Adeniregun For about 3/ 4 weeks every day.

Balogun Every day?

Adeniregun Except Sunday.

Balogun Except Sunday.

Adeniregun Yeah.

Balogun And usually starts 6:30 in the morning?

Adeniregun 6:30 in the morning till around 2-

Balogun 2pm?

Adeniregun 1 we have a break then come back at 5, have another two hours then we go.

Balogun So obviously let's say every day the rehearsal run for about 7 or 8 hours?

Adeniregun Yes.

Balogun Including the break?

Adeniregun Including the break.

Balogun Okay then the production started travelling in the mode of the travelling theatre. It was moving-

Adeniregun From one location, from one school to the other. Sometimes we go to two schools-

Balogun In a day?

Adeniregun Yeah.

Balogun So can you maybe give a rough like in total, how many performances did you give like roughly? Like how many schools put together- I know it is a long time ago, let's just have a rough-

Adeniregun At least we went to about 25 schools.

Balogun 25 schools?

Adeniregun Yes.

Balogun So you must have given up at least 25 performances-

Adeniregun More than.

Balogun More than. Within the space of how many weeks?

Adeniregun I think two weeks.

Balogun Two weeks.

Adeniregun Two weeks yes.

Balogun Okay so sometimes you had performances in two schools-

Adeniregun Two schools.

Balogun - and then-

Adeniregun Sometimes you have two performance in one school.

Balogun Oh!

Adeniregun So the students of that school, there are other students coming from other schools.

Balogun Maybe when there is availability of the performance venue-

Adeniregun Hall.

Balogun - hall-

Adeniregun Yes.

Balogun - to continue…okay.

Balogun So let's look at the technical details. Now you are moving from one school to another, how did you set up the light, the technical, how did you set that up?

Adeniregun You see The Gods what we did was that we try as much as possible to break the set down to what we can travel with.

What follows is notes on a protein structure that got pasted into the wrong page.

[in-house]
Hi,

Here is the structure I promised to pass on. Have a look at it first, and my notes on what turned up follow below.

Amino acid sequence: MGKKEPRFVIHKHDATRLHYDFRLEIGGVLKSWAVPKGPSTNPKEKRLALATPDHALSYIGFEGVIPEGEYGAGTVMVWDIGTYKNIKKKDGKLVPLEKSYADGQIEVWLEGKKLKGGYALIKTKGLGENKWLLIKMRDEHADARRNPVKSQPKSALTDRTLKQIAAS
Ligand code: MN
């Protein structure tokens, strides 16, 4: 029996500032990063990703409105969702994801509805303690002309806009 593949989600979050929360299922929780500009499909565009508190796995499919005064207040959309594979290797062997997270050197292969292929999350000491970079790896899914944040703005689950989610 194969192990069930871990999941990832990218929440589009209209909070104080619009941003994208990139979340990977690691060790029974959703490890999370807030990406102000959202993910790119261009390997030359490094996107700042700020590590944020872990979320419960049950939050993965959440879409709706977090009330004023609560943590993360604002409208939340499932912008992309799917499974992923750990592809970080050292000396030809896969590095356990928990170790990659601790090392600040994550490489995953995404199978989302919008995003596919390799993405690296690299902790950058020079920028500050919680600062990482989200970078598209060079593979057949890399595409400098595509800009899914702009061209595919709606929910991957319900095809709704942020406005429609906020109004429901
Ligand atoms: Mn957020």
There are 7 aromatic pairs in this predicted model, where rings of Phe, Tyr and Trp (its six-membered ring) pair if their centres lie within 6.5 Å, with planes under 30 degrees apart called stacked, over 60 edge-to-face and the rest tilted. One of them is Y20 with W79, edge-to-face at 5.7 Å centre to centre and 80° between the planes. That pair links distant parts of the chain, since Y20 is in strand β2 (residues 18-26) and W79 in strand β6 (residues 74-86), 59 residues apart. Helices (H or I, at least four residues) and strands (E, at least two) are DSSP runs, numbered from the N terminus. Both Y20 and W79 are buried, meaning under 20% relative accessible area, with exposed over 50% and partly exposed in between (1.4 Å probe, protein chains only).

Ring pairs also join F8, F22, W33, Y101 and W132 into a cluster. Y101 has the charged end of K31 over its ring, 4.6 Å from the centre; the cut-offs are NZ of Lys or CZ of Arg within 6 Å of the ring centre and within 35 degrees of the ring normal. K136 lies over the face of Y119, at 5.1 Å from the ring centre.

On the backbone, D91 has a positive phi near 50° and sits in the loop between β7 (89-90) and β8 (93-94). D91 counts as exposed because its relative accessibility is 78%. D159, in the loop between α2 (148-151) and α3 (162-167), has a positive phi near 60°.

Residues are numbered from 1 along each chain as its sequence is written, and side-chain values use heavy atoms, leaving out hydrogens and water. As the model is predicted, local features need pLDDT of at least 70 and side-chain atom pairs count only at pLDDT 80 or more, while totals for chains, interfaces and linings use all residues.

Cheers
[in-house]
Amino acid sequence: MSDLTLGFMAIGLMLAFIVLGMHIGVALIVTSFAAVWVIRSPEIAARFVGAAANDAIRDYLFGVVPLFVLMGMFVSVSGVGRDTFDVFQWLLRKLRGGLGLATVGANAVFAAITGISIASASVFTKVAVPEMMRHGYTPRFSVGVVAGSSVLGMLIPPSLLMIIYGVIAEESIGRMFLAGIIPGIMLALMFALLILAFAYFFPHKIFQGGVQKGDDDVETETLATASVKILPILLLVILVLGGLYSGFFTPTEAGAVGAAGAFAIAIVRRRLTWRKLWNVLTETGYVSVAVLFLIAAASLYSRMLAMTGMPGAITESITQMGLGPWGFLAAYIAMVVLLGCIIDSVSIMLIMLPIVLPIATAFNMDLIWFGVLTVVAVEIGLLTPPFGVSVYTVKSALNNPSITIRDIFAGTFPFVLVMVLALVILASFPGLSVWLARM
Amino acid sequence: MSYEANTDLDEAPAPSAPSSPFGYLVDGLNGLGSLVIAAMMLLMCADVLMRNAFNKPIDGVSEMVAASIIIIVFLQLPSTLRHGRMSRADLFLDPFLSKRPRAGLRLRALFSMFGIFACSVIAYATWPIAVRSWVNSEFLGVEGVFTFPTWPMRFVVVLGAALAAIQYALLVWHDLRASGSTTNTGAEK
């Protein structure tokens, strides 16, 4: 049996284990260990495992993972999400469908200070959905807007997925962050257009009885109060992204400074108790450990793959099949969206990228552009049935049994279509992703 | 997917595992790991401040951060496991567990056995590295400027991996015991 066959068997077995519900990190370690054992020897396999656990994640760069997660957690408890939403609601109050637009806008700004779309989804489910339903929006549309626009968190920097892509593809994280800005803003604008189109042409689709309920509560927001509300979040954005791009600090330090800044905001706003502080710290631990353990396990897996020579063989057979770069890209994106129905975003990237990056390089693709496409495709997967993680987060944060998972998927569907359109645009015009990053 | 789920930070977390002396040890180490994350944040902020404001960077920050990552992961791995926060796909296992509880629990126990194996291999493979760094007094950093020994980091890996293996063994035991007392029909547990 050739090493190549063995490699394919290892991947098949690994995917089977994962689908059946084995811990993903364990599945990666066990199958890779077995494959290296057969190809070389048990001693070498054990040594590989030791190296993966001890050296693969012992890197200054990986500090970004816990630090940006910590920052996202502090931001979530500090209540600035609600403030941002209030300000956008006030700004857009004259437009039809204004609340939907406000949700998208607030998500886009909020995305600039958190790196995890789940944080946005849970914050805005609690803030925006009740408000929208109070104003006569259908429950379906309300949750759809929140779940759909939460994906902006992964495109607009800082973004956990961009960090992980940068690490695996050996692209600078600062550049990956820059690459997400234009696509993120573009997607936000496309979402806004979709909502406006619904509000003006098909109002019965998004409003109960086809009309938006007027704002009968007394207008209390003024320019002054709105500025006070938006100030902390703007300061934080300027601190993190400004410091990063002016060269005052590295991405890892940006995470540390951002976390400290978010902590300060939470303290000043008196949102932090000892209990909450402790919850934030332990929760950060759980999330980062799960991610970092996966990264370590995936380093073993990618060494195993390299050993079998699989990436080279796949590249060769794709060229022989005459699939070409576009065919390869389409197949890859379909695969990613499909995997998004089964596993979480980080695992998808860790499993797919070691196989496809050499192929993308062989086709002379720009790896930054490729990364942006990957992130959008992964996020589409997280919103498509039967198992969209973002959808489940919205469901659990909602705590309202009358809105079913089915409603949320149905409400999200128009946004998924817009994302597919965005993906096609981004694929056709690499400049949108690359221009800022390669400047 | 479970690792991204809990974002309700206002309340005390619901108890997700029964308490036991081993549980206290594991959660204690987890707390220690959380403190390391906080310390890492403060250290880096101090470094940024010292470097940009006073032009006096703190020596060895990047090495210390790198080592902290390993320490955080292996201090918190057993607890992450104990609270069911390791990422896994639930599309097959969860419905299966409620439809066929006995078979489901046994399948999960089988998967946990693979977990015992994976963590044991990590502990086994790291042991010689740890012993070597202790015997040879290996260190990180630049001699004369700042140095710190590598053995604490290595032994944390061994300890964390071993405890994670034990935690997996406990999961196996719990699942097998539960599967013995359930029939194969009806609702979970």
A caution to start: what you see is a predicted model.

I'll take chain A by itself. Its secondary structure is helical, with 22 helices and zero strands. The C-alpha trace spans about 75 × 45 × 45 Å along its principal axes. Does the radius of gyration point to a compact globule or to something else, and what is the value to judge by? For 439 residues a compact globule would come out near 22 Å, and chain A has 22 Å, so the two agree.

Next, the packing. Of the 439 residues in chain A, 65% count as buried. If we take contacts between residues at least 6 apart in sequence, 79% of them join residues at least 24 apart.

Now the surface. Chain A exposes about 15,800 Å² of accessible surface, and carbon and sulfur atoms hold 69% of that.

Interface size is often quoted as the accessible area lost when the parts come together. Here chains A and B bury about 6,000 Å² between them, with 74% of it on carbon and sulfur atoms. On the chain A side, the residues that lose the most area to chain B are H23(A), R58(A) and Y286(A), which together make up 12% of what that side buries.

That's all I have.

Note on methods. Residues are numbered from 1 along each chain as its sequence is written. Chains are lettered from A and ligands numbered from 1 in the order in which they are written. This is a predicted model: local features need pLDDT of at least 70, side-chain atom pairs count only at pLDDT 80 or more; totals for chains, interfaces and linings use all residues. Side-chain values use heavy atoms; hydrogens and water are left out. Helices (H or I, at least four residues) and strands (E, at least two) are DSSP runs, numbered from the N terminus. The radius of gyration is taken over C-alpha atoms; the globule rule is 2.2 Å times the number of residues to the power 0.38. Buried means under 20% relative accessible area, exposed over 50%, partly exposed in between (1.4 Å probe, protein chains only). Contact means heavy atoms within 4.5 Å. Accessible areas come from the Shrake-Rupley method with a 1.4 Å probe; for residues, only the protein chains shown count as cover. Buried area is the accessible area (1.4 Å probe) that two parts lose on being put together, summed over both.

Balogun Oh, moveable-

Adeniregun Moveable-

Balogun - flexible materials.

Adeniregun Then we used more of backdrop.

Balogun Okay. That's already designed-

Adeniregun That's already been designed, a palace, the inner room, the market place, which is always the front of the stage.

Balogun Of the stage, okay.

Adeniregun But the background it's what- it's more… visible-

Balogun Visible. So you had a painting on a canvas?

Adeniregun On a canvas.

Balogun You just roll it?

Adeniregun We just roll it-

Balogun When you get to another school you put it there. Okay. So that the other structures-

Adeniregun Are just minor, minor to demarcate. To demarcate the palace from the room.

Balogun Okay.

Adeniregun The shrine of Ogun is not-

Balogun A symbolic-

Adeniregun A symbolic thing… an iron and some stones around it.

Balogun Okay. So just after a performance you dismantle and remove it.

Adeniregun Dismantle and move to another school. So it doesn't take us time.

Balogun To set up?

Adeniregun To set up takes like one hour, maximum.

Balogun For the performance.

Adeniregun For the performance. And the lights that we were using because of the problem of electricity in some of those schools.

Balogun Okay.

Adeniregun So we are not using many lights. Where we are supposed to use like 30 lighting instrument, we are talking about maybe six or eight.

Balogun Just really for illumination?

Adeniregun For illumination-

Balogun And then…

Adeniregun Because there is no power to power so much.

Balogun So how did you now do that? Use generator or something?

Adeniregun No… HA! That's very interesting. Sometimes the schools have light. And sometimes during the production-

Balogun The light goes off.

Adeniregun - the light goes off. We use the director's car.

Balogun Okay. You just moved the car-

Adeniregun We moved the car to the (laughs)-

Balogun Stage…

Adeniregun Put light on. Then we have a full light, the light of a car that has been removed from the car.

Balogun Oh! Okay the headlamps?

Adeniregun The headlamps, that's word… the headlamp. We have two headlamps that are not part of the car, that we removed and we wired to the battery of the car. But the car must be working to keep charging-

Balogun The battery.

Adeniregun - the battery.

Balogun Wow (laughs).

Adeniregun So when we are in the palace scene we move the headlamp, the two headlamp-

Balogun Close to the stage?

Adeniregun Close to the stage of the palace scene.

Balogun To just give the illumination.

Adeniregun Yes. When we move to Ojuola's house-